Appropriate Action: Incorporating Video in Research

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In part two of our LRWGreenberg Studios Video and Research series, we explore the video formats that bring your insights to life.

Chas Petersen is Director of Video Production at LRWGreenberg Studios.

Chas Petersen is Director of Video Production at LRWGreenberg Studios.

“We are the only animal with the mysterious glue that enables millions of us to cooperate. That mysterious glue is made of stories, not genes.”
~Yuval Noah Harari, Sapiens

As we saw in part one, stories are what move us. In research, storytelling through video helps bring respondents to life, illustrate insight and data in more human ways and create deliverables that resonate throughout your organization.

There are many ways we incorporate video into our market research and brand strategy projects, but these are some of the most common formats:

Documentary

This is a real-world, authentic narrative developed from footage professionally shot during fieldwork, augmented with b-roll and music. It immerses viewers in the lives of the target audience and captures and reflects deeper consumer emotions and motivations. Our documentary work weaves a narrative structure into the research and tells a story in a way only video can and, as a result, has become a crucial element of our segmentation studies. Organizational understanding and adoption are the largest barriers to successful research, and bringing unique characteristics to life through video, highlights the nuances that separate one segment from another in an emotional and relatable way. Documentaries are a highly effective, shareable way of showcasing insights inside and outside of the organization.

Dramatization

Often used in a B2B space where many decision makers are reluctant to (or contractually prohibited from) appearing on camera, these videos are shot in a studio, using professional actors to represent specific consumers or business roles. Working with Strategists, we develop scripts, based on interviews with respondents who have participated in the fieldwork and, with client input, select acting talent to best bring the characters to life. This style lends itself well to persona work, allowing a synthesis of multiple interviewees to manifest in a single person.

Field Highlights 

These videos are focused edits of specific consumer/customer reactions within the research, often broken into key sections. Unlike documentary or dramatization, field highlights are more linear with less narrative structure. They are used to underscore specific points in research. This method is also the most rapid and cost-efficient deliverable and can be embedded into reports. 

Animation

Motion graphics, titles and animation can help tell a scripted story and/or highlight process steps, learnings and key recommendations. Our Studios team is often called upon to help simplify complicated data, and animation is a go-to method for demystifying complex points. Our animations can help add nuance to data-driven stories, incorporate Quant data into Qual work, or even stand alone. As with all video projects, detailed timelines are provided prior to engagement. 

“But video is out of our budget.”

This is a concern we hear often, however we offer video solutions that meet the needs and budgets of nearly all of our clients. Because LRWGreenberg Studios is embedded in the research process, we can turn around projects in a fraction of the time of outside contractors or even in-house teams. This integration means we are well versed in the research and insights space, which ensures the content is cogent and matches the precise needs of our client partners.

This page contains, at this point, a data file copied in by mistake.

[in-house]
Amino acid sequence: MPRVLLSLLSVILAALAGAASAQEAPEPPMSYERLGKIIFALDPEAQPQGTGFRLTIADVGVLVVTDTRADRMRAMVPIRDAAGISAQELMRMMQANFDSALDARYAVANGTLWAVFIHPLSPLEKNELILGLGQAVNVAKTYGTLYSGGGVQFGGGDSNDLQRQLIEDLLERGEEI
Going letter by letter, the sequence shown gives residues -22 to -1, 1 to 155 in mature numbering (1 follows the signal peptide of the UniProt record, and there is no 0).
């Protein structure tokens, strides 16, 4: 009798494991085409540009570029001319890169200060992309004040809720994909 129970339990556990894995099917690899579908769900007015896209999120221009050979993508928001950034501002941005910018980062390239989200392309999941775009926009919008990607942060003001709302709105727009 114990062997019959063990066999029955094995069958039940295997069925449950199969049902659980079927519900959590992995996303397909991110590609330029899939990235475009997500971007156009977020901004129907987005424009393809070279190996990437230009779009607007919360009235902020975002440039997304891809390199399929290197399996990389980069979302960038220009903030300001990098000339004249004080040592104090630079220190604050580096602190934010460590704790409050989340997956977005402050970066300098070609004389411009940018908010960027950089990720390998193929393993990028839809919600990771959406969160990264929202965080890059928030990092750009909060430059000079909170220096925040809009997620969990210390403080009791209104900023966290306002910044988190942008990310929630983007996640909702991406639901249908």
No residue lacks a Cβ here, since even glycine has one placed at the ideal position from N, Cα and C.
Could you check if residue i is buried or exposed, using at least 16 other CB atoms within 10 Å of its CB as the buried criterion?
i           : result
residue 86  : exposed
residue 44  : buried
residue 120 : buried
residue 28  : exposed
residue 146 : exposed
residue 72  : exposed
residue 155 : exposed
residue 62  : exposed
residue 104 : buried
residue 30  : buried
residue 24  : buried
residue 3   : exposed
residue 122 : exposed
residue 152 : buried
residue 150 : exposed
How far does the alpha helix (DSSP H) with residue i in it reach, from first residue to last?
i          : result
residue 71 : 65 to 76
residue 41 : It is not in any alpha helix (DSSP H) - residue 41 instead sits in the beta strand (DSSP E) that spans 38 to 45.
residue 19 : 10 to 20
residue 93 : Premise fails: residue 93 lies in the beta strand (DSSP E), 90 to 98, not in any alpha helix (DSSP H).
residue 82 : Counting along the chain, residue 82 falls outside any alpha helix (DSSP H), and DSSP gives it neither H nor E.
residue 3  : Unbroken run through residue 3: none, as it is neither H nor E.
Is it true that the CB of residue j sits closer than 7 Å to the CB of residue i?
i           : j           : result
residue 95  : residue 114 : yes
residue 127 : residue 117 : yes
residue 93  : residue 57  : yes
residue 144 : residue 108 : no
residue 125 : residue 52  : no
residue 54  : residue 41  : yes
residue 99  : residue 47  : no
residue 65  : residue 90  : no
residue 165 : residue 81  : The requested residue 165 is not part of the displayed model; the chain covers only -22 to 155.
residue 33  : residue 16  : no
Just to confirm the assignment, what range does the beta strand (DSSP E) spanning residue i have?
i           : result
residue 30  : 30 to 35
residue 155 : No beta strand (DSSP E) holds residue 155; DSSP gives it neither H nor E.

Have pricing questions or want to see examples of a particular type of video? Contact our VP of Creative Gareth Walters.

Field Notes    Ethnographic video production requires a mix of creative talent and deep empathy for the people whose stories we’re telling. These are some of our guidelines:    Keep it small . Our video teams are effective and discrete. Our setup is small and unobtrusive to allow for the maximum comfort level of our interviewees. We never let the crew overwhelm the respondent, and we prioritize their needs above all else.   Sharing someone’s story is a privilege.  We’re tasked with conveying respondents’ stories accurately, and this requires deep respect for the subject. All stories are valid, all opinions of interest, and some passions in life are universal.   Music should support, not lead.  The right choice of soundtrack is key to the success of our video work. However we always use music to reinforce emotion, rather than to manipulate. In the words of the late Johann Johannsson (composer for  Sicario  and  Arrival ): “It's about serving the needs of the film…your goal is to tell the story first.”

Field Notes

Ethnographic video production requires a mix of creative talent and deep empathy for the people whose stories we’re telling. These are some of our guidelines:

Keep it small. Our video teams are effective and discrete. Our setup is small and unobtrusive to allow for the maximum comfort level of our interviewees. We never let the crew overwhelm the respondent, and we prioritize their needs above all else.

Sharing someone’s story is a privilege. We’re tasked with conveying respondents’ stories accurately, and this requires deep respect for the subject. All stories are valid, all opinions of interest, and some passions in life are universal.

Music should support, not lead. The right choice of soundtrack is key to the success of our video work. However we always use music to reinforce emotion, rather than to manipulate. In the words of the late Johann Johannsson (composer for Sicario and Arrival): “It's about serving the needs of the film…your goal is to tell the story first.”